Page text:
What’s in the January sales for health and wellbeing seekers?

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News from Nowhere has a commercial theme at the beginning of 2017, asking “what’s in the January sales for health and wellbeing seekers?”

Cosmetic surgery

Less is more as ‘mini facelifts’ look set to be biggest trend for 2017, with enquiries up 589% in past three months, and by 135% over the past 12 months,according to WhatClinic.com. The youth-enhancing procedure is set to continue its domination as a key trend for 2017.
Breast implants remain the cosmetic procedure of choice in the UK despite a slight decrease of 9% in enquiries compared to the previous year. Yet the numbers seeking this cosmetic enhancement surgery almost doubled those of the second most popular procedure, eyelid surgery. At number two on the top ten list, is eyelid surgery, with an 8% increase in enquiries, and an average cost of £2,691, in the UK.
Fat reducing surgeries also featured on the list, showing double digit growth in enquiries during 2016. Liposuction saw a 64% increase in enquiries and jumped to third place on the most popular procedures list. Enquiries for male breast reduction surgery, saw a 58% increase on 2015 figures and costs £3,567 on average. Despite its higher average price tag of £5,168 in the UK, tummy tucks have also seen a huge increase in enquiries in 2016, up 56% in the past 12 months.
Dr Foued Hamza, Cosmetic Surgeon, Queen Anne Street Medical Centre, London said of these figures, “More and more patients are seeking less aggressive and less invasive procedures, in particular ones that have faster recovery times. Patients are seeking ‘lunchtime procedures’ which means they are in and out quickly and get more subtle treatments.”

2016’s top 10 most popular cosmetic surgery procedures based on volume of traffic to WhatClinic.com


Change in enquiries over the last year

Average price UK

1. Breast Implants



2. Eyelid surgery



3. Liposuction



4. Rhinoplasty



5. Tummy Tuck



6. Fat Transfer



7. Gynecomastia



8. Breast Reduction



9. Facelift



10. Breast Lift



Don’t be alone with your New Year resolutions

Those thinking of making a lifestyle change this New Year might want to speak to a qualified GP first, according to private, on-line GP clinic ‘Push Doctor’. Whether it’s losing a few pounds, changing your diet, cutting back on drinking, quitting smoking or improving general wellbeing, having a doctor on hand to talk through and review progress could be important.

According to Push Doctor, getting advice from a medical professional could be the difference between success and failure for people seeking a positive lifestyle change in 2017, and with health and fitness at the top of many people’s New Year resolution list, it’s never been so important to speak to a GP.

The internet is filled with advice and information on diet and exercise, however following the wrong advice could be damaging to your health. A GP can help banish any dangerous diet myths and can provide advice on the safest way to introduce or increase physical activity into your daily routine, as if done incorrectly, these things could cause back ache, fatigue, joint damage and light headedness.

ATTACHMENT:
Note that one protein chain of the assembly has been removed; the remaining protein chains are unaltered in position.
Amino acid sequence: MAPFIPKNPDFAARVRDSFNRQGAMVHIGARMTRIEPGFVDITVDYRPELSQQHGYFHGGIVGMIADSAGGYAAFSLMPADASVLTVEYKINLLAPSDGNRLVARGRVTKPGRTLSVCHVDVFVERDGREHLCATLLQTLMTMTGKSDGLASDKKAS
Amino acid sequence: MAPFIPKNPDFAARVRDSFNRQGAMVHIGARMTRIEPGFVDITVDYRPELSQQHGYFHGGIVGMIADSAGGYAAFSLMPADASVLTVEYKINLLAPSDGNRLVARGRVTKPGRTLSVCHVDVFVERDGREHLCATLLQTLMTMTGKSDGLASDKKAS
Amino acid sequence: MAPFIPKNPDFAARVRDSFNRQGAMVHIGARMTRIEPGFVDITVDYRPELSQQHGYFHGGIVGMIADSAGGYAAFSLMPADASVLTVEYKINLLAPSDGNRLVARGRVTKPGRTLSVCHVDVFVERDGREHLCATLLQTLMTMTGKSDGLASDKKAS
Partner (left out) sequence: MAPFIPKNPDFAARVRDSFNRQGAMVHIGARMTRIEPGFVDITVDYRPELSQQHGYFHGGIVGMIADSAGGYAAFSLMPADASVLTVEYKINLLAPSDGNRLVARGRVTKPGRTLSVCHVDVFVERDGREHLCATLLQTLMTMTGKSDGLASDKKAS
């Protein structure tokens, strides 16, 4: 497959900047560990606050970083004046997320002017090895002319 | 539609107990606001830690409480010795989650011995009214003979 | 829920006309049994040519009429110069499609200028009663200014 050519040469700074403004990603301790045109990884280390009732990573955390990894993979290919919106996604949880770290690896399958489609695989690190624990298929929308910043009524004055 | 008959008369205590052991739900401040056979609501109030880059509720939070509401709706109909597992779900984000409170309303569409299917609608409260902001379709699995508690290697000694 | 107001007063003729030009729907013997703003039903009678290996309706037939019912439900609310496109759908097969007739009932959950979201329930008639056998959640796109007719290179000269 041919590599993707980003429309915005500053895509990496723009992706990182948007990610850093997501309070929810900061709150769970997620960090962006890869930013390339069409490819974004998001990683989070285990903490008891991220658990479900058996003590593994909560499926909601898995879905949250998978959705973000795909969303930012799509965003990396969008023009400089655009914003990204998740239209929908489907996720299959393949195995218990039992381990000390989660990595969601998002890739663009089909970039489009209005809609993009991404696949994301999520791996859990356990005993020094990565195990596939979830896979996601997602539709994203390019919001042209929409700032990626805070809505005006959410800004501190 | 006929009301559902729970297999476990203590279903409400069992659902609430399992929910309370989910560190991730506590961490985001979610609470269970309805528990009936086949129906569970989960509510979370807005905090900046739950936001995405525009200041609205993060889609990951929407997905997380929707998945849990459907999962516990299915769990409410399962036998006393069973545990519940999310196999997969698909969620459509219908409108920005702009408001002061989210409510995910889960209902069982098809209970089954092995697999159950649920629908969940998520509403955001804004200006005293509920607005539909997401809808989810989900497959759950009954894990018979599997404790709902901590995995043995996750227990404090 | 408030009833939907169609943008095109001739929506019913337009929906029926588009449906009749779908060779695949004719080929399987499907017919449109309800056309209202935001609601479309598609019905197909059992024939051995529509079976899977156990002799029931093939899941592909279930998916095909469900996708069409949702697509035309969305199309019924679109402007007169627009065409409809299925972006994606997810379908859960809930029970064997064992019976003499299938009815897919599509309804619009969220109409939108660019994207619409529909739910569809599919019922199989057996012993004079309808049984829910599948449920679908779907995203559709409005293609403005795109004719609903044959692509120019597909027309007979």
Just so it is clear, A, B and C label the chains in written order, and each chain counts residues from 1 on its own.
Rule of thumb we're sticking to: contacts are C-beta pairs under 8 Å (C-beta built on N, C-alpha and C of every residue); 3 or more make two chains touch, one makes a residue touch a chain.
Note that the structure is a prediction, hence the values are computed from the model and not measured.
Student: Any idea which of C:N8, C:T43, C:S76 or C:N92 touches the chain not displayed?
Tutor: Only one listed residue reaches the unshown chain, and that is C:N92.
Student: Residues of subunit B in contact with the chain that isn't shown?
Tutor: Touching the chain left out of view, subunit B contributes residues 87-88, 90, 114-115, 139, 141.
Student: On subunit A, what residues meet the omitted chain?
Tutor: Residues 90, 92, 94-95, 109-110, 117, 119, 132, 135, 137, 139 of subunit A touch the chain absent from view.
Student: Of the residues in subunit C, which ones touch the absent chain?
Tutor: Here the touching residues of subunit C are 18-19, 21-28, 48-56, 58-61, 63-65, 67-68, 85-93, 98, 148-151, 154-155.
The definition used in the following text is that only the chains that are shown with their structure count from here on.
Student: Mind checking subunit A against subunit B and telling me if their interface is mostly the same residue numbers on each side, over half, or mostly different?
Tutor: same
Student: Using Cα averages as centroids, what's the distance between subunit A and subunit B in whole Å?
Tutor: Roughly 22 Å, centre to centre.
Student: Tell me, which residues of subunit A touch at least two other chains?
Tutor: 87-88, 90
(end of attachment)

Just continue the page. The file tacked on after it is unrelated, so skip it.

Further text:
Push Doctor, offers access to one of 7,000 GMC-registered UK General Practitioners within six minutes. Eren Ozagir, CEO and founder of Push Doctor adds: “There is no better feeling than achieving a goal you have set for yourself, whether it’s losing a few pounds or getting on top of stress. The important thing to remember is that GPs are here to help and you don’t have to go through important lifestyle changes alone.”

Money Matters

On a slightly different note, the NHS Consultants and Specialists Association (HCSA) has obtained representation rights for hospital doctors. This makes it into a serious rival to the British Medical Association (BMA), which until now had a monopoly in negotiating about hospital doctors’ pay and conditions with the NHS. The BMA has lost some standing in the eyes of some junior doctors, after its failure to stop the introduction of a new contract for junior doctors see Junior doctors dispute.

The HCSA – which claims to have 3500 members – has in the past recruited hospital doctors who support the NHS, and now may attract discontents who may be less interested in the ideological differences between the two organisations and more interested in their combativeness with their employers. Unlike the BMA, the HCSA is affiliated to the Trades Union Congress (TUC). The TUC already has an affiliated organisation for doctors, the Medical Practitioners Union, now known as Doctors in Unite. Doctors in Unite has a very small membership, mostly of GPs, and does not have negotiating rights. In the trades union world GPs are weaker and fewer in number than specialists, just like they are in the NHS.

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